The recruiting rules restrain in-person interactions, but they also provide opportunities. Below are a few rules that exemplify what the rules both prohibit and permit when it comes to virtual recruiting.
✕ During the COVID-19 recruiting dead period, a coach may not engage in off-campus recruiting activities, for example, visiting a gymnast’s training facility to observe practice.
✓ A coach may watch a livestream event of prospects, provided certain criteria are met.
✕ An uncommitted prospect may not participate in virtual team activities.
✓ An uncommitted prospect may virtually observe a virtual or live team activity once per institution. This opportunity only exists during the temporary COVID-19 dead period.
✕ A prospect who has signed an NLI may not take an official or unofficial visit.
✓ A prospect may attend a home athletics event, for example a gymnastics meet, if she purchases a ticket in the same manner as the general public.
✕ A coach may not provide an in-person tour of campus, including for example, a tour that includes taking the prospect to see the gymnastics training facility, locker room, dorms or dining hall.
✓ A coach may FaceTime with a prospect who is not on campus to provide a live virtual tour. Additionally, a prospect may receive an in-person tour from an institutional staff member outside athletics, such as the admissions department.
✕ A coach may not conduct and share a team practice via video call (e.g., Zoom) where prospects participate in real time.
✓ A college strength and conditioning coach may post examples of workouts to social media and allow prospects to view them, provided the social media account is open to the general public and the workout is not designed for a specific individual.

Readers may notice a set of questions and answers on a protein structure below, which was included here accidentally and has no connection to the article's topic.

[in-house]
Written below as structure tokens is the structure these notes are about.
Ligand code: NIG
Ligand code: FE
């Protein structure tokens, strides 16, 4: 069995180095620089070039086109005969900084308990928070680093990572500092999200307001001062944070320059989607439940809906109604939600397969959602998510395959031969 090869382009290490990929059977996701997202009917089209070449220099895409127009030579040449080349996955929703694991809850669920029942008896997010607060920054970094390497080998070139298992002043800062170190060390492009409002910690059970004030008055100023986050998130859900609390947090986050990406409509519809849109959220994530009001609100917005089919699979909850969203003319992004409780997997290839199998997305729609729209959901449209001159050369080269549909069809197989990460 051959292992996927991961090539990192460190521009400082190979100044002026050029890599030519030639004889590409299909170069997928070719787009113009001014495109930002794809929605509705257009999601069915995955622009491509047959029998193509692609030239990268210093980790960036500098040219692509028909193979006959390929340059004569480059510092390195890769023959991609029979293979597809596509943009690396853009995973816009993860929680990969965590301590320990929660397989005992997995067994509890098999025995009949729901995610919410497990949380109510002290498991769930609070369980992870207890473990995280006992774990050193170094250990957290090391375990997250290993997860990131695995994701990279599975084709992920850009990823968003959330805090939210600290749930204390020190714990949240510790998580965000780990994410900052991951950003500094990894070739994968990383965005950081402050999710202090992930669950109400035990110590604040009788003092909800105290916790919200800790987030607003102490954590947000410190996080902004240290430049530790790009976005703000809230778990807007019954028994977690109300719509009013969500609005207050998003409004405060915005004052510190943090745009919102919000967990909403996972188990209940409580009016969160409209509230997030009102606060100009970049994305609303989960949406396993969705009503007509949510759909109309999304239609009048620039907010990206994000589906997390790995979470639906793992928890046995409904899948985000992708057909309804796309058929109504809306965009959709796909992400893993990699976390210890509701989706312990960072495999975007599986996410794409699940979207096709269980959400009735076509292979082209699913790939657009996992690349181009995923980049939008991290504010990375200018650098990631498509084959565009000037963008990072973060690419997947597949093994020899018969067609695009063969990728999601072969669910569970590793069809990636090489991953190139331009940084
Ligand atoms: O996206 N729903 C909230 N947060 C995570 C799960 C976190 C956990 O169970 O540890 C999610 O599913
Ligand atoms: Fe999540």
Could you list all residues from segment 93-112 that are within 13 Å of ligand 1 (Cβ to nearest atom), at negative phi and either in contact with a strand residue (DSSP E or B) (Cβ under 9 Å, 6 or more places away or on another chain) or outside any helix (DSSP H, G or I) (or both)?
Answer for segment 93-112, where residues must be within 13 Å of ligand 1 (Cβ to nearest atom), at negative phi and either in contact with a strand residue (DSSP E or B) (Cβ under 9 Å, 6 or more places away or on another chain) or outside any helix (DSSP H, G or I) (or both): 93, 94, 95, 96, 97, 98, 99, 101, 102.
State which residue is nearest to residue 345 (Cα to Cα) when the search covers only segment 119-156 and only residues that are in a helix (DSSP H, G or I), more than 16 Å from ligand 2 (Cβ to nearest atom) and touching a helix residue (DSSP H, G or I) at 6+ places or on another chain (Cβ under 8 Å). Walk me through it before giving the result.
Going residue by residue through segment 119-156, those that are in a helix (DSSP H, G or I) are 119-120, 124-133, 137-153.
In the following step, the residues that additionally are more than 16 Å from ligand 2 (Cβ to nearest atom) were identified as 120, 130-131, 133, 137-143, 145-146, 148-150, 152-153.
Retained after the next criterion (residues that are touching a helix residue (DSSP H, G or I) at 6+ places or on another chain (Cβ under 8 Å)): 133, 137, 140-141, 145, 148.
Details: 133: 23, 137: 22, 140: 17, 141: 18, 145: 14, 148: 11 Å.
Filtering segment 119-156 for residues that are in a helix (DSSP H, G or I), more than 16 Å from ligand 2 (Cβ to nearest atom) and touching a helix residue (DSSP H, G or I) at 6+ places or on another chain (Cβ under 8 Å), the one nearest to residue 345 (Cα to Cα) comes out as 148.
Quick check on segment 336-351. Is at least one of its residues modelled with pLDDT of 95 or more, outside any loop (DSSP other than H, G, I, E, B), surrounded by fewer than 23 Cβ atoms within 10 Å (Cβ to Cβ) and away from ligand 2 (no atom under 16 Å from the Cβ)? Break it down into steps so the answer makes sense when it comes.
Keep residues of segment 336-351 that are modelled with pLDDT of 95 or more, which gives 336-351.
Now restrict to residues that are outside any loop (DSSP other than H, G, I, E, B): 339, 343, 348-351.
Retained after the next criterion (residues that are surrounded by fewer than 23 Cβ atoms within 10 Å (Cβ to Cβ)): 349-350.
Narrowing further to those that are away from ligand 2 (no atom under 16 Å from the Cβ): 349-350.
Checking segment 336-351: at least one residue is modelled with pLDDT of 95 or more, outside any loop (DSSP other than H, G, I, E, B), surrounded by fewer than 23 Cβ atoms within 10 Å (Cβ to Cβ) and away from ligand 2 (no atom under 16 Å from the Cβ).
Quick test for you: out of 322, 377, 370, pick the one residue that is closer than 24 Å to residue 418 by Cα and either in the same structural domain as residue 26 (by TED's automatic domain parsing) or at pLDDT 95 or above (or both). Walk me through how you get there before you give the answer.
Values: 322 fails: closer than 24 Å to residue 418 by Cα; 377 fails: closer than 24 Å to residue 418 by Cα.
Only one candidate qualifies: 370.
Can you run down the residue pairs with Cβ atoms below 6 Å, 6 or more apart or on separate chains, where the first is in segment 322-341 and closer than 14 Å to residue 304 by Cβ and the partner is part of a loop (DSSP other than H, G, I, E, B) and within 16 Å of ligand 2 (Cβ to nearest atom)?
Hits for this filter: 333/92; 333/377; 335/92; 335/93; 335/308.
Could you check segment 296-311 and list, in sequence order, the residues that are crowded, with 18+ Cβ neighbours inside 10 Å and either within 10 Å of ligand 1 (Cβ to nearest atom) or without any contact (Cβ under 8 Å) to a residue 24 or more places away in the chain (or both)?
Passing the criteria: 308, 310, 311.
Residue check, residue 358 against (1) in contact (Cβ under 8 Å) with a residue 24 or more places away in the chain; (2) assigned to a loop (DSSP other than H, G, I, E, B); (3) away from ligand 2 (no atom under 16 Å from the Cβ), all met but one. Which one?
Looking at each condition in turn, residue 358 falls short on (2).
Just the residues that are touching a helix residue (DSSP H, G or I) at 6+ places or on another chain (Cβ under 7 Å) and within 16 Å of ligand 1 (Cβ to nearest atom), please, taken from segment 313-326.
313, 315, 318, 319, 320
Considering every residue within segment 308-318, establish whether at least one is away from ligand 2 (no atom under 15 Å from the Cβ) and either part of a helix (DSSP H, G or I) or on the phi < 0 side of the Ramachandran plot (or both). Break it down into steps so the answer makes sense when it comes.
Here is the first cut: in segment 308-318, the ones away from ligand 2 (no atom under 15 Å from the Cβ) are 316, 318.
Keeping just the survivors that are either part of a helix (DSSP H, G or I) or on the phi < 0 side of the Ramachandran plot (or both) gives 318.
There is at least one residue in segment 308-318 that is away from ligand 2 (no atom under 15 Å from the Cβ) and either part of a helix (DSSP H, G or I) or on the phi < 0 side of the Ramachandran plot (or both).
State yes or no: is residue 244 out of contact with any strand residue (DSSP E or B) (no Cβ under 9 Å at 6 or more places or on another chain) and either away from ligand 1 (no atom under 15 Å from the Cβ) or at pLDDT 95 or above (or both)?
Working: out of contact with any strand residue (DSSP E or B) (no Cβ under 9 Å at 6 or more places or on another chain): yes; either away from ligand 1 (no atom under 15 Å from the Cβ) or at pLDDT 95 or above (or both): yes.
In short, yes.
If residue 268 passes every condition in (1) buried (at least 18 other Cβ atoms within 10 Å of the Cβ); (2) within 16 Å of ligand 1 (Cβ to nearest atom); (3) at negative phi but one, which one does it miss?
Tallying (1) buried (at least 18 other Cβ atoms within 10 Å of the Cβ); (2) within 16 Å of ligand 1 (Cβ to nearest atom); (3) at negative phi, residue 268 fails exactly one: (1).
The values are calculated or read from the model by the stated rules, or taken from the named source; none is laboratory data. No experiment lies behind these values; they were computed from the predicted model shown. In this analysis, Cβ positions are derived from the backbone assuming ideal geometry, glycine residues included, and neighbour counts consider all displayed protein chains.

The extended dead period is a unique concept that has its pros and cons. Both coaches and prospects are saving time and money by adhering to the virtual process. Perhaps some of the virtual recruiting trends will stick around once the dead period ceases.
Alternatively, coaches and prospects may believe there is a priceless value to in-person contacts. Perhaps both will be eager to book flights and set foot on training facilities and campuses nationwide. Just as the term “COVID-19” will eventually be used less frequently, the “extended recruiting dead period” will also become a term of the past. For now, coaches and prospects safely press on with virtual recruiting. Check back for a new article when the NCAA transitions out of the dead period.
This article provides a general overview of virtual recruiting for college gymnastics fans. Information should not be relied upon for engaging in recruiting activities. Specific rules involving regulations and prohibited activities are not included for purposes of clarity and comprehension. Amendments to the legislation may have occurred since this article was published.
Noël Couch is the director of compliance for Sacred Heart University athletics in Fairfield, Connecticut. She earned her J.D. from the University of Georgia School of Law in 2018. Prior to that she was a five-time All-American gymnast for the University of Georgia Gymdogs.
Like what you see? Consider donating to support our efforts throughout the year!